Fig. 8.
Comparison of results obtained for the differential rotation of the V corona in this work with the MSSA technique and from other authors. 
Snodgrass (1984) determined the differential rotation of the photospheric plasma from Doppler shifts of the Fe I spectral line at 5250 Å obtained at the Mt. Wilson Observatory (MWO) during the 1967−1984 period. This differential profile has definitely become a standard in the literature for comparing the solar rotation rates obtained through different techniques and at different heights from the solar surface. However, as in the case of sunspots, several authors seem to indicate persistent modulations of the rotation rate during the solar cycle, so that the above rate has to be adjusted depending on the phase of activity of the Sun. Ulrich & Bertello (1996) reported high precision solar rotation rate measurements obtained with the MWO telescope system up to the end of 1995, when the activity of the Sun was already near its minimum, yielding a sidereal equatorial rotation rate value of 2.844 μrad s^{−1} corresponding to A = 14.079° day^{−1}. The comparison of the Snodgrass (1984) – adjusted with the Ulrich & Bertello (1996) equatorial rotation rate value; green dotted line in Fig. 8 – with our results clearly indicates that the UV corona rotates faster at all latitudes than the photospheric plasma, especially above about ±20° from the equator. We thus conclude that the UV corona rotates more rigidly than the photosphere, with the corona rotating faster than the photosphere at all heliographic latitudes.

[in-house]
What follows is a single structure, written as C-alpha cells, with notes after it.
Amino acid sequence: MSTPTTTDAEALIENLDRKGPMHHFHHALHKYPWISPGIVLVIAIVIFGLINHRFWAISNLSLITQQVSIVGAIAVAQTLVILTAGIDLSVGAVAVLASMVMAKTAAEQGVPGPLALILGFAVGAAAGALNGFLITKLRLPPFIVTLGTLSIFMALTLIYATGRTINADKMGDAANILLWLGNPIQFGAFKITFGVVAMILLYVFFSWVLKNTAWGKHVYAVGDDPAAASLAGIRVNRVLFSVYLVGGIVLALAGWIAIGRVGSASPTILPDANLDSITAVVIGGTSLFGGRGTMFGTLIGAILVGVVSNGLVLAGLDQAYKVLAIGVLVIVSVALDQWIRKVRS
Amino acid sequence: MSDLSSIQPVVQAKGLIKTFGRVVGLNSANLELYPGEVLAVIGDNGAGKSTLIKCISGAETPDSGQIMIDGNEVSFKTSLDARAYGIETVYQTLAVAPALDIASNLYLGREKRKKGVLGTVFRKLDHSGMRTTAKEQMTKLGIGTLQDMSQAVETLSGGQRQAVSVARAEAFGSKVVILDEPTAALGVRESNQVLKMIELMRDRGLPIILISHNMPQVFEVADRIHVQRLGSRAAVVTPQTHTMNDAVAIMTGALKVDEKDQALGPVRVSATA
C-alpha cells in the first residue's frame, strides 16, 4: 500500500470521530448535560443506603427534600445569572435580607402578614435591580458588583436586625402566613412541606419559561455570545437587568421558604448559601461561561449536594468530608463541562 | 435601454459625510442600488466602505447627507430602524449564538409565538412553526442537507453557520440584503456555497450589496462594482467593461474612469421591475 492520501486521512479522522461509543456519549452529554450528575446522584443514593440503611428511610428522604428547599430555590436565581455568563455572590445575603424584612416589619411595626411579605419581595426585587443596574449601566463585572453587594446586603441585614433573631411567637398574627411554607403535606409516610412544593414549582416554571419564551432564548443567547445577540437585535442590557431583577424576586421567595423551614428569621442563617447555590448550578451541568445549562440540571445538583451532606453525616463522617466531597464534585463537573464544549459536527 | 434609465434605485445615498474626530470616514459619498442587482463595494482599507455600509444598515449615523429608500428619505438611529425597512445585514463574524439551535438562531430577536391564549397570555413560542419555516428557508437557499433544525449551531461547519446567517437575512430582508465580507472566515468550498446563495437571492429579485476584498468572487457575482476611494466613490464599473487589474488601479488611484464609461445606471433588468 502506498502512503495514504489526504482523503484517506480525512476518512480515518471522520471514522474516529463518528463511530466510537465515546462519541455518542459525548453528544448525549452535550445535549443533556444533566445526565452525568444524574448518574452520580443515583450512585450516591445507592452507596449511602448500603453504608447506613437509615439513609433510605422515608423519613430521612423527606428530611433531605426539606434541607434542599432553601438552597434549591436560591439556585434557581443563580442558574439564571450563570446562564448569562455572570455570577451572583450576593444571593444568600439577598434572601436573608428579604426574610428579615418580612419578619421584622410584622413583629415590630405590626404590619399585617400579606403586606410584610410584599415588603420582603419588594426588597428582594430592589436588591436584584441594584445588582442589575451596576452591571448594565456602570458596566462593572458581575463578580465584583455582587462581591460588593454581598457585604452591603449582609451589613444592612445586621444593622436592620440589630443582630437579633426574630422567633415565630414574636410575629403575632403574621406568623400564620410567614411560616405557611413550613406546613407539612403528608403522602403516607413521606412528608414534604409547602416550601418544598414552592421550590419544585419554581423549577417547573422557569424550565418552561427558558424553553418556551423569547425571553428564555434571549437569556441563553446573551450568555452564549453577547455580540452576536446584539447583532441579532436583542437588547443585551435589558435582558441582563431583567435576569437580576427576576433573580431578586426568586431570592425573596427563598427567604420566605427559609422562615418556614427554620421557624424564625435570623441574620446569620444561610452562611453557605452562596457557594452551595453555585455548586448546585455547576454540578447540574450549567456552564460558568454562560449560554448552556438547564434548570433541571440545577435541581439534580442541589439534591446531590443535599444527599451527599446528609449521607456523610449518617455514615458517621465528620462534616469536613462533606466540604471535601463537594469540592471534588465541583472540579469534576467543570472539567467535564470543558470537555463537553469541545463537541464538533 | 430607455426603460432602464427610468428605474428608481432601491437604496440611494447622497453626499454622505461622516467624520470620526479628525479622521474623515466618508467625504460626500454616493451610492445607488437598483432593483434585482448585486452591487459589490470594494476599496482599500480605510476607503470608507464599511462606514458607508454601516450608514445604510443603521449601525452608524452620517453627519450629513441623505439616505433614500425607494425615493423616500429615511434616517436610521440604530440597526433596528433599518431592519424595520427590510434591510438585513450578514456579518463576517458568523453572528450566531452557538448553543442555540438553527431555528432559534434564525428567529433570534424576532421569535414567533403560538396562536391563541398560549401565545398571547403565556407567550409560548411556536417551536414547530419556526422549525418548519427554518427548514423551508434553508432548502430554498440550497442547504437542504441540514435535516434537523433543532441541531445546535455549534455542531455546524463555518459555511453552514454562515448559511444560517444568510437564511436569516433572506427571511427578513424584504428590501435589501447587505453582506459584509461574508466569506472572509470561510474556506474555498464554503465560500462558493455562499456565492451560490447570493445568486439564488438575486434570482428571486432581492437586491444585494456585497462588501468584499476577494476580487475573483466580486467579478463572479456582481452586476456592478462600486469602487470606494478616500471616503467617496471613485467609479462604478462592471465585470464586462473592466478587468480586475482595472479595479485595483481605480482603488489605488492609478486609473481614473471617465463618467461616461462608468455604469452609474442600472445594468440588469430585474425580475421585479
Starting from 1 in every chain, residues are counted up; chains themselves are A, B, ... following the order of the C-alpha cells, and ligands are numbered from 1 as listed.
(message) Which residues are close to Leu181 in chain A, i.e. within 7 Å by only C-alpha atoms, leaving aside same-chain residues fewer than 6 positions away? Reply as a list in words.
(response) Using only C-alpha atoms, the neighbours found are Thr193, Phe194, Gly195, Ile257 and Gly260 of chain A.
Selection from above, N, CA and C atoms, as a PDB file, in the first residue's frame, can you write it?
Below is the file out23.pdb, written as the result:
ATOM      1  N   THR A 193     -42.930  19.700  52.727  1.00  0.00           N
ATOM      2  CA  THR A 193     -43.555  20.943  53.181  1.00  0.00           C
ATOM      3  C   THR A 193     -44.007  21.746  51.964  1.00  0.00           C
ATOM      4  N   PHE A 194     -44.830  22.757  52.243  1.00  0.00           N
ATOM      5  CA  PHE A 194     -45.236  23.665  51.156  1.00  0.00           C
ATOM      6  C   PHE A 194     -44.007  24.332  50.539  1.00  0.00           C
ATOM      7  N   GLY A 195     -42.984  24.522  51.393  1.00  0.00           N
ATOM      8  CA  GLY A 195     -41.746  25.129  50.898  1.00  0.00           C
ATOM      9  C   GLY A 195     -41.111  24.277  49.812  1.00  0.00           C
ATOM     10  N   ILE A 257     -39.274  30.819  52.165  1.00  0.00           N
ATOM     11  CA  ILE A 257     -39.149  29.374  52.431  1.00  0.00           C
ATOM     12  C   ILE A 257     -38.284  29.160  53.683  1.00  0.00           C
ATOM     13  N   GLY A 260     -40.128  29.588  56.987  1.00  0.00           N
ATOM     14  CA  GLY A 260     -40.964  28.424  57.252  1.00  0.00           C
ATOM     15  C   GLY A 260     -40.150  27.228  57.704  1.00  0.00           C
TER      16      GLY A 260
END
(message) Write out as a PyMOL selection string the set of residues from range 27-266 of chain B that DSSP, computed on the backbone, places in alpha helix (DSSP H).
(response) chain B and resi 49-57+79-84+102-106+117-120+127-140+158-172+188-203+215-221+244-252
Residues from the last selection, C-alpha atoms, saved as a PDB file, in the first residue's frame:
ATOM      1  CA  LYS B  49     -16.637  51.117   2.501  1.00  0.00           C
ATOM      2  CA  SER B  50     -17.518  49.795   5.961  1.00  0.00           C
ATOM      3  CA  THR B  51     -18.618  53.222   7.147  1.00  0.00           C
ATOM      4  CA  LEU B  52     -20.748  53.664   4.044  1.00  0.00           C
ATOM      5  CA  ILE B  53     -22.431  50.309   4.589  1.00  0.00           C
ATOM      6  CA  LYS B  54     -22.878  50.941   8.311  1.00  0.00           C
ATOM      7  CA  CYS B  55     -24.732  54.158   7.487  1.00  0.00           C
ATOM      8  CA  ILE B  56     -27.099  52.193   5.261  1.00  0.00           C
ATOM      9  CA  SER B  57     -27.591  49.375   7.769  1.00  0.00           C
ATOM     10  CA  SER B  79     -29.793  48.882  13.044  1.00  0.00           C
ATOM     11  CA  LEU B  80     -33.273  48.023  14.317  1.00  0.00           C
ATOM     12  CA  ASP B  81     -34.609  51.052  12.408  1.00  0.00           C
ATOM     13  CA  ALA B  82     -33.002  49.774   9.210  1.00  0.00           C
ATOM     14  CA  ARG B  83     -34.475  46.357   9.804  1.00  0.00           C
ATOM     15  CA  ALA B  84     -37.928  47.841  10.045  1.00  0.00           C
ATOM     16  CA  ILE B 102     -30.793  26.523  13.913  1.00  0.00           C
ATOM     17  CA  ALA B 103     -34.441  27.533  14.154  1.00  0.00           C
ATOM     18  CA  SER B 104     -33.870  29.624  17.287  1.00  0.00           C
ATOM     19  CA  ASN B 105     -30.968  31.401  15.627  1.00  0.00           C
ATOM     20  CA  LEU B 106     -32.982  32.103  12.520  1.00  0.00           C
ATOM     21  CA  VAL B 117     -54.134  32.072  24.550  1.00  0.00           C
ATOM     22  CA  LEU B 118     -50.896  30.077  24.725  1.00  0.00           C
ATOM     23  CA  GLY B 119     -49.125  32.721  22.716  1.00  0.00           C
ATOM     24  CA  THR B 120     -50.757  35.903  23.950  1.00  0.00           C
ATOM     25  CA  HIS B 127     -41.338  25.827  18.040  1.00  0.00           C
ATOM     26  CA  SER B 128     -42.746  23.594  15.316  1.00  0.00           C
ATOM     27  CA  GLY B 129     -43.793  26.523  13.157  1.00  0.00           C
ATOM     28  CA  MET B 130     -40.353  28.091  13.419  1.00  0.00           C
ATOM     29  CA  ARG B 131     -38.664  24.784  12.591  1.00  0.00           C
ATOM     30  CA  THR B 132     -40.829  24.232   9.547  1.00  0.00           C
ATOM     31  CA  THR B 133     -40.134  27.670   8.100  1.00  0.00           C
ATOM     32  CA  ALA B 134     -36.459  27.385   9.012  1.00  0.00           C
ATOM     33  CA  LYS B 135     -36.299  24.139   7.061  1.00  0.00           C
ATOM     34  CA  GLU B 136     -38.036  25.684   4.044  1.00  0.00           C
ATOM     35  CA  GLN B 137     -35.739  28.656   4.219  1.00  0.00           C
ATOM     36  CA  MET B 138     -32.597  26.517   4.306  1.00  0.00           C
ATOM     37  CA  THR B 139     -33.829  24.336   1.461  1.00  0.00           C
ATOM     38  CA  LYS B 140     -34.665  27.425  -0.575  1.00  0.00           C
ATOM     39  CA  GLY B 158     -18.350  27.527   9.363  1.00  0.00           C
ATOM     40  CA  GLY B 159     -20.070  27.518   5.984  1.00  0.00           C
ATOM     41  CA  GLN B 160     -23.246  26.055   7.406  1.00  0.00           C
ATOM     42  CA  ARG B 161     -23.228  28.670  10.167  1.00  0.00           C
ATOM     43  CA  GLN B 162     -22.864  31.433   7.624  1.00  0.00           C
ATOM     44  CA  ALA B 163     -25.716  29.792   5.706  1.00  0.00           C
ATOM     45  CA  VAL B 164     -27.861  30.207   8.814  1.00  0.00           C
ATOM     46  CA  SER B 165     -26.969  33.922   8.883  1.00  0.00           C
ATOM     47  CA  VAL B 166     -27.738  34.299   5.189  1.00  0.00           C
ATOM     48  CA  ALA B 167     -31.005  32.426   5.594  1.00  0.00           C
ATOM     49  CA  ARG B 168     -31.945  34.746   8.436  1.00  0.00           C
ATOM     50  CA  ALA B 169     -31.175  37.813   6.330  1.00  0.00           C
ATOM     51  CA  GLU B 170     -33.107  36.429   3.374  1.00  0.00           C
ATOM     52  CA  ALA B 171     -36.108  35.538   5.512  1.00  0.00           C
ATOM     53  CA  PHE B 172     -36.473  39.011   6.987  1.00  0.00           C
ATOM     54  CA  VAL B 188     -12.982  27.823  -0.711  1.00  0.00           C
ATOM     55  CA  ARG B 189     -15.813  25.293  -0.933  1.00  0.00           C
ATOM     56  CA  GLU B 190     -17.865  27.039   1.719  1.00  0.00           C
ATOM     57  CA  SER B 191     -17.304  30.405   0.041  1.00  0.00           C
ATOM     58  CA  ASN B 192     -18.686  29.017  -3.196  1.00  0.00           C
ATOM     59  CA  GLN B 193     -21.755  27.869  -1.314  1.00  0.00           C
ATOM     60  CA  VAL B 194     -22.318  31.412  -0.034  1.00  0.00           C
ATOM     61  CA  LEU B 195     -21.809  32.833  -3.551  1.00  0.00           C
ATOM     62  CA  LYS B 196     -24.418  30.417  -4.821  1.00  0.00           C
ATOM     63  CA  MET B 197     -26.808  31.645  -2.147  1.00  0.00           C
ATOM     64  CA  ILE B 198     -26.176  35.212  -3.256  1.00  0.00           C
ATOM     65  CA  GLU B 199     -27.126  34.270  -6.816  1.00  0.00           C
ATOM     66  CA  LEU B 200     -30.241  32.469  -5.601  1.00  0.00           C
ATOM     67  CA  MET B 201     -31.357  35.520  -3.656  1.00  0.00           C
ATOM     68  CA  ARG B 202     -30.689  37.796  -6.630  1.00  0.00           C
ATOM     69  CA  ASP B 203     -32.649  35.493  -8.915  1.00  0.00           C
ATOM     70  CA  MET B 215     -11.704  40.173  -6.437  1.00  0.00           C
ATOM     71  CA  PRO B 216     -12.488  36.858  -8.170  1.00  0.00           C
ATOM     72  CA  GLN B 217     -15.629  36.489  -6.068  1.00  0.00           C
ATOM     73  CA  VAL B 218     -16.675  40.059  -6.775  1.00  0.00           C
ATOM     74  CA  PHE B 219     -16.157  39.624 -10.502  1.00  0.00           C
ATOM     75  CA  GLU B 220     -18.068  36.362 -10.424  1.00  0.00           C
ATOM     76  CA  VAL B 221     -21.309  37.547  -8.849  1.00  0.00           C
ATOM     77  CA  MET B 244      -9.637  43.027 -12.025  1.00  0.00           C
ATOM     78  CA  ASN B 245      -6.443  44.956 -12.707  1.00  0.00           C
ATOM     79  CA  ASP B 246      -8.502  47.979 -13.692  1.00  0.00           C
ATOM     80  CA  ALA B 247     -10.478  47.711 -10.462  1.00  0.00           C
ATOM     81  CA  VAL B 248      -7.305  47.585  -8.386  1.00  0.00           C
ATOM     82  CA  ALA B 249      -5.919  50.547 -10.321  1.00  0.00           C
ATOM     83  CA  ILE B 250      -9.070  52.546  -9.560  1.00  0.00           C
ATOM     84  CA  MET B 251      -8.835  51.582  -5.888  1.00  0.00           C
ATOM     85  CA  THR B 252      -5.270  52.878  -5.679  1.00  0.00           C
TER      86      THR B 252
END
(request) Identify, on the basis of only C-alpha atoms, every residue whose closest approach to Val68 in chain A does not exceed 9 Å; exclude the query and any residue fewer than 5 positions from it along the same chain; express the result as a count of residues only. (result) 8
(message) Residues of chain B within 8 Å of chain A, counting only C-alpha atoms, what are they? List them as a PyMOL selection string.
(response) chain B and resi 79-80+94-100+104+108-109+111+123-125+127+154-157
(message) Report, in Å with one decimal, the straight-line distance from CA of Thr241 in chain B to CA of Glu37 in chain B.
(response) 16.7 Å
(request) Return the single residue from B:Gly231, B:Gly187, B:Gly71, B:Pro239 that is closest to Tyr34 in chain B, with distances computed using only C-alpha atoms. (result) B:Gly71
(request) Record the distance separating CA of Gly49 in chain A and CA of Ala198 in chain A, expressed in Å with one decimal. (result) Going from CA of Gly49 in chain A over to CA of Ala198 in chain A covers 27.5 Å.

The rotation rate of large, longlived sunspots is certainly related to a largescale rotation in that part of the convection zone, in the interior of the Sun, where these magnetic structures are anchored. Vice versa, rotation rates of smaller, shortlived magnetic structures cannot be considered as linked to the convective region as a whole, since they are heavily affected by local and transient motions in the ambient solar active regions. According to the previous discussion, since streamers develop over active region groups, we would expect their rotation curves to be correlated. However, if the rotation rate of the UV corona reflects the anchoring of the streamers responsible for the observed spectral line emission, it is evident that the roots of these coronal structures differ from the roots of longlived sunspots. This issue can be effectively addressed by comparing the above profiles with the ones obtained during a similar time interval via helioseismology studies.